A new school curriculum set to go into effect in India in 2002 has drawn protest from churches who see it as an attempt by the pro-Hindu coalition government to "tamper" with history in order to promote Hinduism at the expense of minority religions.

The Catholic Bishops' Conference of India (CBCI) in a statement on December 7 expressed "serious concern over tampering with historical data" and cautioned education policy makers "not to deprive the coming generations of the possibility to know the truth in its integrity, an essential ingredient for any civil society."

Earlier, the executive committee of the National Council of Churches in India (NCCI) decried attempts by the government "to promote Hindutva [Hindu nationalism] through education."

Supporting Hinduism "will only perpetuate religious fundamentalism and further the marginalization of minorities," cautioned the NCCI, which represents 29 Orthodox and Protestant churches in India.

Christian education officials declared that in spite of government claims to the contrary, secular scholars and Christian educators had been left out of the drafting of the new curriculum.

"All five members of the drafting committee belonged to one community, [Hindu]," said Sister Celine Xavier, general secretary of the All India National Association of Catholic Schools (AINACS), which represents 15,000 schools.

So far, the proposals for the new curriculum exist only in a document called the National Curriculum Framework for School Education. But church leaders fear that once the curriculum goes into effect, school textbooks will follow.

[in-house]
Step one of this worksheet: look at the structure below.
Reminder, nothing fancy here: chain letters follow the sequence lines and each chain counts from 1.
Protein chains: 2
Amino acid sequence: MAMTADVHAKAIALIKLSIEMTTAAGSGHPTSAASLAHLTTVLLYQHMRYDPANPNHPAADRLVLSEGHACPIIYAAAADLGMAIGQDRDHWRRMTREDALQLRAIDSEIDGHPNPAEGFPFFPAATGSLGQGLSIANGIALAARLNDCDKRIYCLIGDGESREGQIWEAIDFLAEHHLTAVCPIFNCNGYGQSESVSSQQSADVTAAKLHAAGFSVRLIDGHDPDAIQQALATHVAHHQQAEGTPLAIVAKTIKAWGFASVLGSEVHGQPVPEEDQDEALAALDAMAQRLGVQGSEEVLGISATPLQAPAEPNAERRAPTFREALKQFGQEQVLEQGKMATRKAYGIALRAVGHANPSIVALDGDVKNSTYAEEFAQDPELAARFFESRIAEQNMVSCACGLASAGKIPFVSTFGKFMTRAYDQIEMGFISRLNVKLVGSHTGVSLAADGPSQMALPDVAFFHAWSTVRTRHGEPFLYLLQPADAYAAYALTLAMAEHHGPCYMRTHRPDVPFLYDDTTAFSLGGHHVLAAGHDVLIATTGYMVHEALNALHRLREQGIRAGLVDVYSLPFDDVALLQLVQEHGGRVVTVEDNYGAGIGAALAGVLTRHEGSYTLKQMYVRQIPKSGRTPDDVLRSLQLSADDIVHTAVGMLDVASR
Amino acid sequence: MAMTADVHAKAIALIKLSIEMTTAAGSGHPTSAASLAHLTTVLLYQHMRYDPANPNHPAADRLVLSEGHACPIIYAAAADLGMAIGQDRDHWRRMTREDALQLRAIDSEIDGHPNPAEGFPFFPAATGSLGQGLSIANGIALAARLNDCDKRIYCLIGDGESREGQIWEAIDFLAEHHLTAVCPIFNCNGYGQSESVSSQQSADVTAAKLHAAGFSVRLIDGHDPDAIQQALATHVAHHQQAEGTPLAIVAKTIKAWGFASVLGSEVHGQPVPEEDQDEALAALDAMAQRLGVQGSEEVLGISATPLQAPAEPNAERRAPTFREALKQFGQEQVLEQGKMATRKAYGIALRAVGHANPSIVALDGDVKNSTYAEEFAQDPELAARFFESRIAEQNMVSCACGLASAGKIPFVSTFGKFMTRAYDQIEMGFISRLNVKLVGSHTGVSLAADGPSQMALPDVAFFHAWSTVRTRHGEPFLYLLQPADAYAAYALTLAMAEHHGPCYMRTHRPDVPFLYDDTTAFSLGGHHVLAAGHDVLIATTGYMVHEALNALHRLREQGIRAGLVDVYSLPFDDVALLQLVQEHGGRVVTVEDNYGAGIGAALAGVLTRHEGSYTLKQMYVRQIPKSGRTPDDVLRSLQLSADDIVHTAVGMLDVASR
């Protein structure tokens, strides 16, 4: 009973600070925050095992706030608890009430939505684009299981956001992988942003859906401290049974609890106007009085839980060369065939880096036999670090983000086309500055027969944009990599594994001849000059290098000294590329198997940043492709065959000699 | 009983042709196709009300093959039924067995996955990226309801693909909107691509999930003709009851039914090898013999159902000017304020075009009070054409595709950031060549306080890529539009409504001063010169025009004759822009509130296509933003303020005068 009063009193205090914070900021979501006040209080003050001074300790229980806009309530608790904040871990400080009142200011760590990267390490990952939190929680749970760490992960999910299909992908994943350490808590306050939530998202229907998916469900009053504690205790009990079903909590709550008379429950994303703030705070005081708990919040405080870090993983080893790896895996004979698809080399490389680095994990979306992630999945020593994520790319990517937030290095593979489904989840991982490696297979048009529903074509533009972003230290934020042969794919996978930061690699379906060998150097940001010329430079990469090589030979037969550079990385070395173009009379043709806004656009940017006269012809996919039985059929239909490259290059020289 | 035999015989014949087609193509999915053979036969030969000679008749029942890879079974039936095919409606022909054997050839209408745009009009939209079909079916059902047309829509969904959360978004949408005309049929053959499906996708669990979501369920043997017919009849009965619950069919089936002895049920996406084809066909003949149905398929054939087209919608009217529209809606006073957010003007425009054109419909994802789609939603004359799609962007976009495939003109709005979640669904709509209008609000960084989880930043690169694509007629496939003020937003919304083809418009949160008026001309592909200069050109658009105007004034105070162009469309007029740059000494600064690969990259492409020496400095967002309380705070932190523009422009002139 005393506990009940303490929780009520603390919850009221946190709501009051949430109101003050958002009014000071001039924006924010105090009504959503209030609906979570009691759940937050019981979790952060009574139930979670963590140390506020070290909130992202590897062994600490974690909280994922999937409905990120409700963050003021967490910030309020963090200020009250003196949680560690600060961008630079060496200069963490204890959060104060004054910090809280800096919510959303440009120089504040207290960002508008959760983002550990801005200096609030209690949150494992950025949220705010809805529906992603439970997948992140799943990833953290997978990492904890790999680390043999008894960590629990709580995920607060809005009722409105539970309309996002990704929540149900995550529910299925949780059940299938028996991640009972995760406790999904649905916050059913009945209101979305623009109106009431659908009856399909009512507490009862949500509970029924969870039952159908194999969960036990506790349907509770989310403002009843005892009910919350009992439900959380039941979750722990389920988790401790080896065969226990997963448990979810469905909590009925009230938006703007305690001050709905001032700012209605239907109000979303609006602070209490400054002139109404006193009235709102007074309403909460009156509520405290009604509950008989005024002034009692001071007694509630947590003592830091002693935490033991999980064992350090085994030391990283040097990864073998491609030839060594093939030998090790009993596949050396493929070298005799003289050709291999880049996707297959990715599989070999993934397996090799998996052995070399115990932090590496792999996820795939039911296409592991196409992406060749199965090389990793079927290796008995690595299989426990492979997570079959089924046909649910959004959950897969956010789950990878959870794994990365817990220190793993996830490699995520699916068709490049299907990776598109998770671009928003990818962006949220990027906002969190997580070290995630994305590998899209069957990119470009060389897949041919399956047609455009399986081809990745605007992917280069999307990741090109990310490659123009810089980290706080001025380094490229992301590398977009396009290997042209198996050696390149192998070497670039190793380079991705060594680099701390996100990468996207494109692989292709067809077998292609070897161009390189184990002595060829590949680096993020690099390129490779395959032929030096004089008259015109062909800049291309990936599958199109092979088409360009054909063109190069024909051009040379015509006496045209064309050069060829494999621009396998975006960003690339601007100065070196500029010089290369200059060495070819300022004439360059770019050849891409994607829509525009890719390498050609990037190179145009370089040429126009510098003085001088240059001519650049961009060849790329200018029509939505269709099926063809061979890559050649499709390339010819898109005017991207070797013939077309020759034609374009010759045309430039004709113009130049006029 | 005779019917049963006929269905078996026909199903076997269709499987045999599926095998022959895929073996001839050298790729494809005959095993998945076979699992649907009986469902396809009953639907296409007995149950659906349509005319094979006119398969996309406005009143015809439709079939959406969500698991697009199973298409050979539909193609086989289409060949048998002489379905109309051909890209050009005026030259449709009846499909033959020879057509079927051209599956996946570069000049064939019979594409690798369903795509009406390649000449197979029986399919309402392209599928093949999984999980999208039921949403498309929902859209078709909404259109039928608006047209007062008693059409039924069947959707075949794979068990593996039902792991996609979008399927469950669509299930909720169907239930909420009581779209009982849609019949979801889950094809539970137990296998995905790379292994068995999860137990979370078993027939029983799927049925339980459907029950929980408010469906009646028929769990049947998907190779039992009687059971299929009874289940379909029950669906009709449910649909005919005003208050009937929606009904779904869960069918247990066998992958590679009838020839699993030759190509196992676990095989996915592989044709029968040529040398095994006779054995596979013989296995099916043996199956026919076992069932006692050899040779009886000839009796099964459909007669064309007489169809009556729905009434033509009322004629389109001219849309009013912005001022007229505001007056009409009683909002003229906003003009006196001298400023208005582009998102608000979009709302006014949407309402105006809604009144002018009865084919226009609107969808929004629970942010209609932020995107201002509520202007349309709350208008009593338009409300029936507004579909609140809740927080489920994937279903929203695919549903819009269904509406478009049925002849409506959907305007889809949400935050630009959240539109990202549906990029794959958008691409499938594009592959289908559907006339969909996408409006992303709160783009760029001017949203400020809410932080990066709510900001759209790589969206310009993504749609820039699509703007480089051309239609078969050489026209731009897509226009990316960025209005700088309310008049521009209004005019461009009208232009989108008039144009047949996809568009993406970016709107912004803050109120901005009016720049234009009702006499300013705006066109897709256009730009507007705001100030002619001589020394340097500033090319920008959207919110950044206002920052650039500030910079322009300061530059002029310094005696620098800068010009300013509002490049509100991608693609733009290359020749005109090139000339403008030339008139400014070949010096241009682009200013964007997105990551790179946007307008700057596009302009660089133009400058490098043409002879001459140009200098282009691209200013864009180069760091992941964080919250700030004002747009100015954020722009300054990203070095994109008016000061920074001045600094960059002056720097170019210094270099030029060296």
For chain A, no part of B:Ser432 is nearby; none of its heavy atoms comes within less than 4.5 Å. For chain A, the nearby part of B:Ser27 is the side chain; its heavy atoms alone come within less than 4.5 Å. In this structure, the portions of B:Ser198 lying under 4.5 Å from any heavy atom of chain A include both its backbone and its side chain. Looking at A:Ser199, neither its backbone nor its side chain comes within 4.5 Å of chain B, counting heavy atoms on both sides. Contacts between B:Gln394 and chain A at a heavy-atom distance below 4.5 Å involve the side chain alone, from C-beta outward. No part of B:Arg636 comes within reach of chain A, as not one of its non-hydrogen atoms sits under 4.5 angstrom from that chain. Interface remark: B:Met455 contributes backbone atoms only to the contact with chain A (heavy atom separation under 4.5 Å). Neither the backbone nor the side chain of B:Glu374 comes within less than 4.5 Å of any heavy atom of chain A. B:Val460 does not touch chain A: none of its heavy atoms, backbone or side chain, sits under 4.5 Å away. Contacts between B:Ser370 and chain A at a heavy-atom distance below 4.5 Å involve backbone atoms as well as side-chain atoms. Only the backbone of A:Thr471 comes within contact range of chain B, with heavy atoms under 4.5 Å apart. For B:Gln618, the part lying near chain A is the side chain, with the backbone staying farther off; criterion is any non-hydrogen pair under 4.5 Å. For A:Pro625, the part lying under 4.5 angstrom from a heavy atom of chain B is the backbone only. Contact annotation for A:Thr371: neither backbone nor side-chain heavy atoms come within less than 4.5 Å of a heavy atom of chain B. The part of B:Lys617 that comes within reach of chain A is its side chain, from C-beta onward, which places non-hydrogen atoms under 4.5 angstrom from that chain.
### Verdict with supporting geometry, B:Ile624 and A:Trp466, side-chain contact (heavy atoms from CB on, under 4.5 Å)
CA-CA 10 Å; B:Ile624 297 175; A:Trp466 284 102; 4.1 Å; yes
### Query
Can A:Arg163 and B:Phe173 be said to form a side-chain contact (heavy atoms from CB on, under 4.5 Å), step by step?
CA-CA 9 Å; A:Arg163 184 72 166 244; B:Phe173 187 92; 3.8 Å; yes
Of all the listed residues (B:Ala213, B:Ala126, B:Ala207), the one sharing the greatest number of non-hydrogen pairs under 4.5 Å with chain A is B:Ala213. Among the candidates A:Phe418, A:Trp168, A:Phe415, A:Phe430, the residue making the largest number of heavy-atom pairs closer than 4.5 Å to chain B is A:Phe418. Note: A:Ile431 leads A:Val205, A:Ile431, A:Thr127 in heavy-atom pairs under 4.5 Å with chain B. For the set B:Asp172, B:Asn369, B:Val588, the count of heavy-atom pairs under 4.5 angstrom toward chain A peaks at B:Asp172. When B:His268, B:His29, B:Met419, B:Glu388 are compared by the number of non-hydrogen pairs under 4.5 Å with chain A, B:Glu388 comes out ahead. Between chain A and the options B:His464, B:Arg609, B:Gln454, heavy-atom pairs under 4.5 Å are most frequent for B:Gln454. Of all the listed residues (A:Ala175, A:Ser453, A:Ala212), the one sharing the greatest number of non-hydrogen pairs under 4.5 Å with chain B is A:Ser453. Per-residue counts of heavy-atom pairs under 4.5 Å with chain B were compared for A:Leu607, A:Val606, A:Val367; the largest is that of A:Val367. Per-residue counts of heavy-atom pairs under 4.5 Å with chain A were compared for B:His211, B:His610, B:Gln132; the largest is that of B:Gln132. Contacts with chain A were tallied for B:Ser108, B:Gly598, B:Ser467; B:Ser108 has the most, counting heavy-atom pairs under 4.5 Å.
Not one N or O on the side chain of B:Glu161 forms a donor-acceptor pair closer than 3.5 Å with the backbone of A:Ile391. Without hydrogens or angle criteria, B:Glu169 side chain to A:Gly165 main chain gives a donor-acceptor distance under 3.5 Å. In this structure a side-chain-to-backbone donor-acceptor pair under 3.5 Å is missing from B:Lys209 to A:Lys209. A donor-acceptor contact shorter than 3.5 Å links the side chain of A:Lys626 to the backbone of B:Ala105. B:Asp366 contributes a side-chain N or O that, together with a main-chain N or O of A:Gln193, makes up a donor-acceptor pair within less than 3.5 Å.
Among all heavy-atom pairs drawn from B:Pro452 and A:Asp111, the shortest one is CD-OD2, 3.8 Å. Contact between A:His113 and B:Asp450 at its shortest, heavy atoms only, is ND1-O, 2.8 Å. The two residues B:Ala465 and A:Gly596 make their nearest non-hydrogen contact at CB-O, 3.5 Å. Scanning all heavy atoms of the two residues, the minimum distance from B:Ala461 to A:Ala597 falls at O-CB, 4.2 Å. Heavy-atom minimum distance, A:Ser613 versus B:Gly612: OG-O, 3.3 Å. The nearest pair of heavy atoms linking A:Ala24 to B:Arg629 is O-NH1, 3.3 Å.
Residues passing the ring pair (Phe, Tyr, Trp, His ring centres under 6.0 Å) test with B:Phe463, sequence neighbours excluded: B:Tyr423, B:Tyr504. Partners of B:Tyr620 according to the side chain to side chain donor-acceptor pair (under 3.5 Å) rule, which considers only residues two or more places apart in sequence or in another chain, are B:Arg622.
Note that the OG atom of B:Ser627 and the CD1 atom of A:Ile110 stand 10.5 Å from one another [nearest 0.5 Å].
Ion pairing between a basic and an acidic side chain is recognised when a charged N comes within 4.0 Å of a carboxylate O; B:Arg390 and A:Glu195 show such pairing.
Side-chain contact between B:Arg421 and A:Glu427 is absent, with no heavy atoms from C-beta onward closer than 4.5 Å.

"The outcome will be more biased texts than those that are already taught in some of the states," said Valson Thampu, a Church of North India pastor and a professor at the church-run St Stephen's College in New Delhi.

The controversial curriculum document has to be seen as part of the BJP-led government's "determined efforts to put Hindutva [Hindu nationalist] scholars in key positions in educational bodies," Thampu said.

Since the BJP government came into power in 1998, history books authored by prominent secular scholars have been taken off class syllabuses. Leading educational bodies, such as the Indian Council for Historical Research and the University Grants Commission, which controls university education, have been filled with Hindu nationalist scholars, Thampu said.

"There is every reason for Christians and secular-minded people to be concerned about this," said Thampu, who organized a seminar on Hindu influence on education in early November in New Delhi under the banner of the autonomous Minorities Commission of Delhi.

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Addressing the seminar, Roman Catholic Archbishop Vincent Concessao of Delhi said: "This is not only a question for the minorities. We have come together because of our concern for the survival of secular democracy in this country."

The archbishop said that there was "an ideology behind the new education policy that is being smuggled in without proper discussion or public scrutiny."